Ferals In Peril is a Brooklyn-based non-profit that spays and neuters feral and unowned cats in the community. It strives to reduce the population of homeless cats and advocates for a humane way to take care of the problem, stating on its website its goal “to relieve local animal control facilities of the financial and psychological burden of euthanizing healthy but homeless cats.”
“The average female has two litters a year, with three to seven kittens, so within two years the population quadruples,” Peter Szalaiko, founder of Ferals in Peril, tells BTRtoday. “The primary mission of our organization is to reduce the population of unwanted cats, but humanely.”
Regular citizens who care about cats and love animals are the people who maintain these colonies. Many times companies who have large parking lots or own land have feral cat colonies, but do not know how to take control of the population. They don’t know how to trap or treat feral cats, but there is a solution.
The Animal Alliance of NYC actually offers an online course that teaches and certifies new TNR caretakers. These courses are effective in teaching about colony feeding, setting up shelter, and care before and after neutering and spaying. This will help control the reproduction of feral colonies and their safety.
Szalaiko advocates for the use of feral cats who have been neutered and spayed. “A number of breweries in Chicago [http://www.empiricalbrewery.com/cats/] approached the ASPCA and requested to bring feral cats to their facilities to control the mouse and rat population. If we didn’t have these cats, we would have a lot more rats and mice around the city.”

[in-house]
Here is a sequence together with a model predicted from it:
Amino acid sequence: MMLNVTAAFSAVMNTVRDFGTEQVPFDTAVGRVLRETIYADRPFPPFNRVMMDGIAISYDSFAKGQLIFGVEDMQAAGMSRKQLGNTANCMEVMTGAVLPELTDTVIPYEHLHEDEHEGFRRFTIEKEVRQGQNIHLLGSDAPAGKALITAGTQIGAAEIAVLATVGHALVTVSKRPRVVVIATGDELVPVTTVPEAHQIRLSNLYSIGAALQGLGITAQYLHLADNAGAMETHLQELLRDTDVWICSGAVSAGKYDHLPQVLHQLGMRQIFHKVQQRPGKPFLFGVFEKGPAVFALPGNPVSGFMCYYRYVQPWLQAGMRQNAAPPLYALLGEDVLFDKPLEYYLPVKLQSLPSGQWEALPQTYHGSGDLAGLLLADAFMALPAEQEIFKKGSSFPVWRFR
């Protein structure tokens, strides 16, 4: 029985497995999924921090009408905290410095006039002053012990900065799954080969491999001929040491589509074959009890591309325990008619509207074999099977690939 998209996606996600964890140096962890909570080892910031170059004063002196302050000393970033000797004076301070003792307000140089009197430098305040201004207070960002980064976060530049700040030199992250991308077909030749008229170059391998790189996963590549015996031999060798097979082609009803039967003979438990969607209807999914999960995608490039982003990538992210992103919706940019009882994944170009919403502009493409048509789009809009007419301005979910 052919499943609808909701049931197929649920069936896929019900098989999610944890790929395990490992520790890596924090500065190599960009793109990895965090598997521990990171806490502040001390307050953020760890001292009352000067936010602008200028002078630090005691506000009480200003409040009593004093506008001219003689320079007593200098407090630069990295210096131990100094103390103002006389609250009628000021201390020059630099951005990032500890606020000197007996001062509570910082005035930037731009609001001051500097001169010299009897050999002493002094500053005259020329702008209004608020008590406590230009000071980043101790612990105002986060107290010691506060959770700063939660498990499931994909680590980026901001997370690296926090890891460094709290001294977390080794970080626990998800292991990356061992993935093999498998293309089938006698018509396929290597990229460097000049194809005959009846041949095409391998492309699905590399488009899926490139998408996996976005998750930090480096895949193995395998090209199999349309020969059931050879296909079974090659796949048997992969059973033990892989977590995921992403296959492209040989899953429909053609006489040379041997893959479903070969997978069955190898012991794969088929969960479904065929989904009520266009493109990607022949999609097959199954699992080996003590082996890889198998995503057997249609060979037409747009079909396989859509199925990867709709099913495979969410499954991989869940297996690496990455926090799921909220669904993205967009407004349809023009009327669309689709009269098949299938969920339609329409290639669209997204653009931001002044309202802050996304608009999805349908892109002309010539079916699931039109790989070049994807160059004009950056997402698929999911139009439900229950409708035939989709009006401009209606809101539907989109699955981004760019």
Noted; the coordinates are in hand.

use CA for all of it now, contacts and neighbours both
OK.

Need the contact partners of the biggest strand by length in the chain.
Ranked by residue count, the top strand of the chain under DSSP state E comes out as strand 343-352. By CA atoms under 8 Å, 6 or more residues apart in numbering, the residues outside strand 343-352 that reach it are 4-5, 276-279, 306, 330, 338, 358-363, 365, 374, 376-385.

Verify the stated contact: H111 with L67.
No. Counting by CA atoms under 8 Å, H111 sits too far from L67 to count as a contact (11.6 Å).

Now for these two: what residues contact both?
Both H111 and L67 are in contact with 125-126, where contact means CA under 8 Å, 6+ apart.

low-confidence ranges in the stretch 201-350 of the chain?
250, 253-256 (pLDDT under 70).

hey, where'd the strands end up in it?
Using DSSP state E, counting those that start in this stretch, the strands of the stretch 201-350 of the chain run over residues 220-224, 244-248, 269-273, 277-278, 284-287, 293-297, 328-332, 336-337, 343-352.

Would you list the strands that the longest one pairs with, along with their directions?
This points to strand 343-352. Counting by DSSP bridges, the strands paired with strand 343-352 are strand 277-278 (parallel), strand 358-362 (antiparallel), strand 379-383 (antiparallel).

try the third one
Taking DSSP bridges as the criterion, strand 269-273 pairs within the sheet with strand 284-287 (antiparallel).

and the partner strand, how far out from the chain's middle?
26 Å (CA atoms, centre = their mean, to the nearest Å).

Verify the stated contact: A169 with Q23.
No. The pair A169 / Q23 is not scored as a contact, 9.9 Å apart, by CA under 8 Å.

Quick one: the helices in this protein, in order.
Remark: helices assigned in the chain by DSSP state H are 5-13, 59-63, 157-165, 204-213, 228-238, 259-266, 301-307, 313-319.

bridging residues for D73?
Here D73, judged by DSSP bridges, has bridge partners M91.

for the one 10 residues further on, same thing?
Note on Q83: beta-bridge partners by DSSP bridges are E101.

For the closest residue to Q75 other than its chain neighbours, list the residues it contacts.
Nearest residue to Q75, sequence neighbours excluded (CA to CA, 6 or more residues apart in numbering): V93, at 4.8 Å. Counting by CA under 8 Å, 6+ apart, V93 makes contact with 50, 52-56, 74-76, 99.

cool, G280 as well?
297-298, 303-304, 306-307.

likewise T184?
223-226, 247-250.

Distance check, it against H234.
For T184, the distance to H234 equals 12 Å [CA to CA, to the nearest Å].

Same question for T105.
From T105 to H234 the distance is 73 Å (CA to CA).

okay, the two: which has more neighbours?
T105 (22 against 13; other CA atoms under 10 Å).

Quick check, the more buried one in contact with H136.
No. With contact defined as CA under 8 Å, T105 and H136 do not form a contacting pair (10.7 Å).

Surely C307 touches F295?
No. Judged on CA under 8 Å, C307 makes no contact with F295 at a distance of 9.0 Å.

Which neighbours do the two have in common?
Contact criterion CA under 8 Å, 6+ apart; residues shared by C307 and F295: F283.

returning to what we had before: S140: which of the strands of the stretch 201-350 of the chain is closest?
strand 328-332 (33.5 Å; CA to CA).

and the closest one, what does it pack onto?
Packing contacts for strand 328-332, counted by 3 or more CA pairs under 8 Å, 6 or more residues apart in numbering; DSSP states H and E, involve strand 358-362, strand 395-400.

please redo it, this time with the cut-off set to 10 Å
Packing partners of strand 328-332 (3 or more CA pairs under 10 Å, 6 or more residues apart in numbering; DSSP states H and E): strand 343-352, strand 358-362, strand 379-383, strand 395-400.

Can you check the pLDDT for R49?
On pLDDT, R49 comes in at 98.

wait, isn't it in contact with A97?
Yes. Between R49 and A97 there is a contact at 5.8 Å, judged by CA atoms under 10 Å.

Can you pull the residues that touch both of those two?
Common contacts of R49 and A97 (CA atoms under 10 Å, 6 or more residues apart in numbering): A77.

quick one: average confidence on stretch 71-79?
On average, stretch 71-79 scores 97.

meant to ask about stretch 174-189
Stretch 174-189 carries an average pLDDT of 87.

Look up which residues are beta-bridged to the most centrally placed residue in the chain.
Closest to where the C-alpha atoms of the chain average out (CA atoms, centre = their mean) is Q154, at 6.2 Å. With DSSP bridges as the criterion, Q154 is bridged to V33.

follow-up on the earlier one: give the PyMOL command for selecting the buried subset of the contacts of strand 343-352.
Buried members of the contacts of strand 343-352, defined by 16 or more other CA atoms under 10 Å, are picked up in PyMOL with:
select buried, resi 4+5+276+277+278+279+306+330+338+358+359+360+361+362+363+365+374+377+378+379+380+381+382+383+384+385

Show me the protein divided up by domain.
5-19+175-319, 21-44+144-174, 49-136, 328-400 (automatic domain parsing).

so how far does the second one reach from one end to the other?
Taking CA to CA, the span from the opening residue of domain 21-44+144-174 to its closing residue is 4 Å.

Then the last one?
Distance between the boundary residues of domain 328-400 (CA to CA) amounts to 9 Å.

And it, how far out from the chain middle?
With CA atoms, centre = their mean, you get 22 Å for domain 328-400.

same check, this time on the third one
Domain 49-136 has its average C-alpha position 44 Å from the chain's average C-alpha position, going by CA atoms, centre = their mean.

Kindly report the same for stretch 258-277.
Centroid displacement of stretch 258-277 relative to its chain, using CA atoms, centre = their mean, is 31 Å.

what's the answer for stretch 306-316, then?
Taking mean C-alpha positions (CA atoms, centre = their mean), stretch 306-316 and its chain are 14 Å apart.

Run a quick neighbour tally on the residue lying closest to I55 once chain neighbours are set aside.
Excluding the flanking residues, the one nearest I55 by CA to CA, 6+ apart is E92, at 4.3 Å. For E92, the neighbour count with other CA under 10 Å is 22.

Molly Armus, a staff attorney for Alley Cat Allies, a nationwide cat advocacy group, believes that, “trap-neuter-return is the only humane and effective approach to managing the stray and feral cat population.”
“They’re not being returned to shelters because the euthanasia rate is incredibly high, and their lives are actually improved,” Armus explains. “When the breeding cycle is stopped it makes them healthier, it stops roaming behavior and stops the stress of having multiple pregnancies, they get a general health check as well.”
However, unhealthy cats and cats that are not thriving outdoors are not returned; the felines are given medical attention and vaccinations and further precautions. Community cats that have always lived outside understand how to live outside, as Armus concludes, “studies show that feral cats are just as healthy as domestic cats and TNR only helps them. By their nature they don’t interact with people, so they’re not adoptable animals. It’s only good that they’re returned to their environment. It’s a community effort to take care of colonies.”
It will be an endless debate if TNR is humane, but currently it seems like the only method of controlling feline populations without euthanasia due to overpopulated shelters. While there’s an ongoing battle to get more funding for animal shelters, the cats can battle the rats.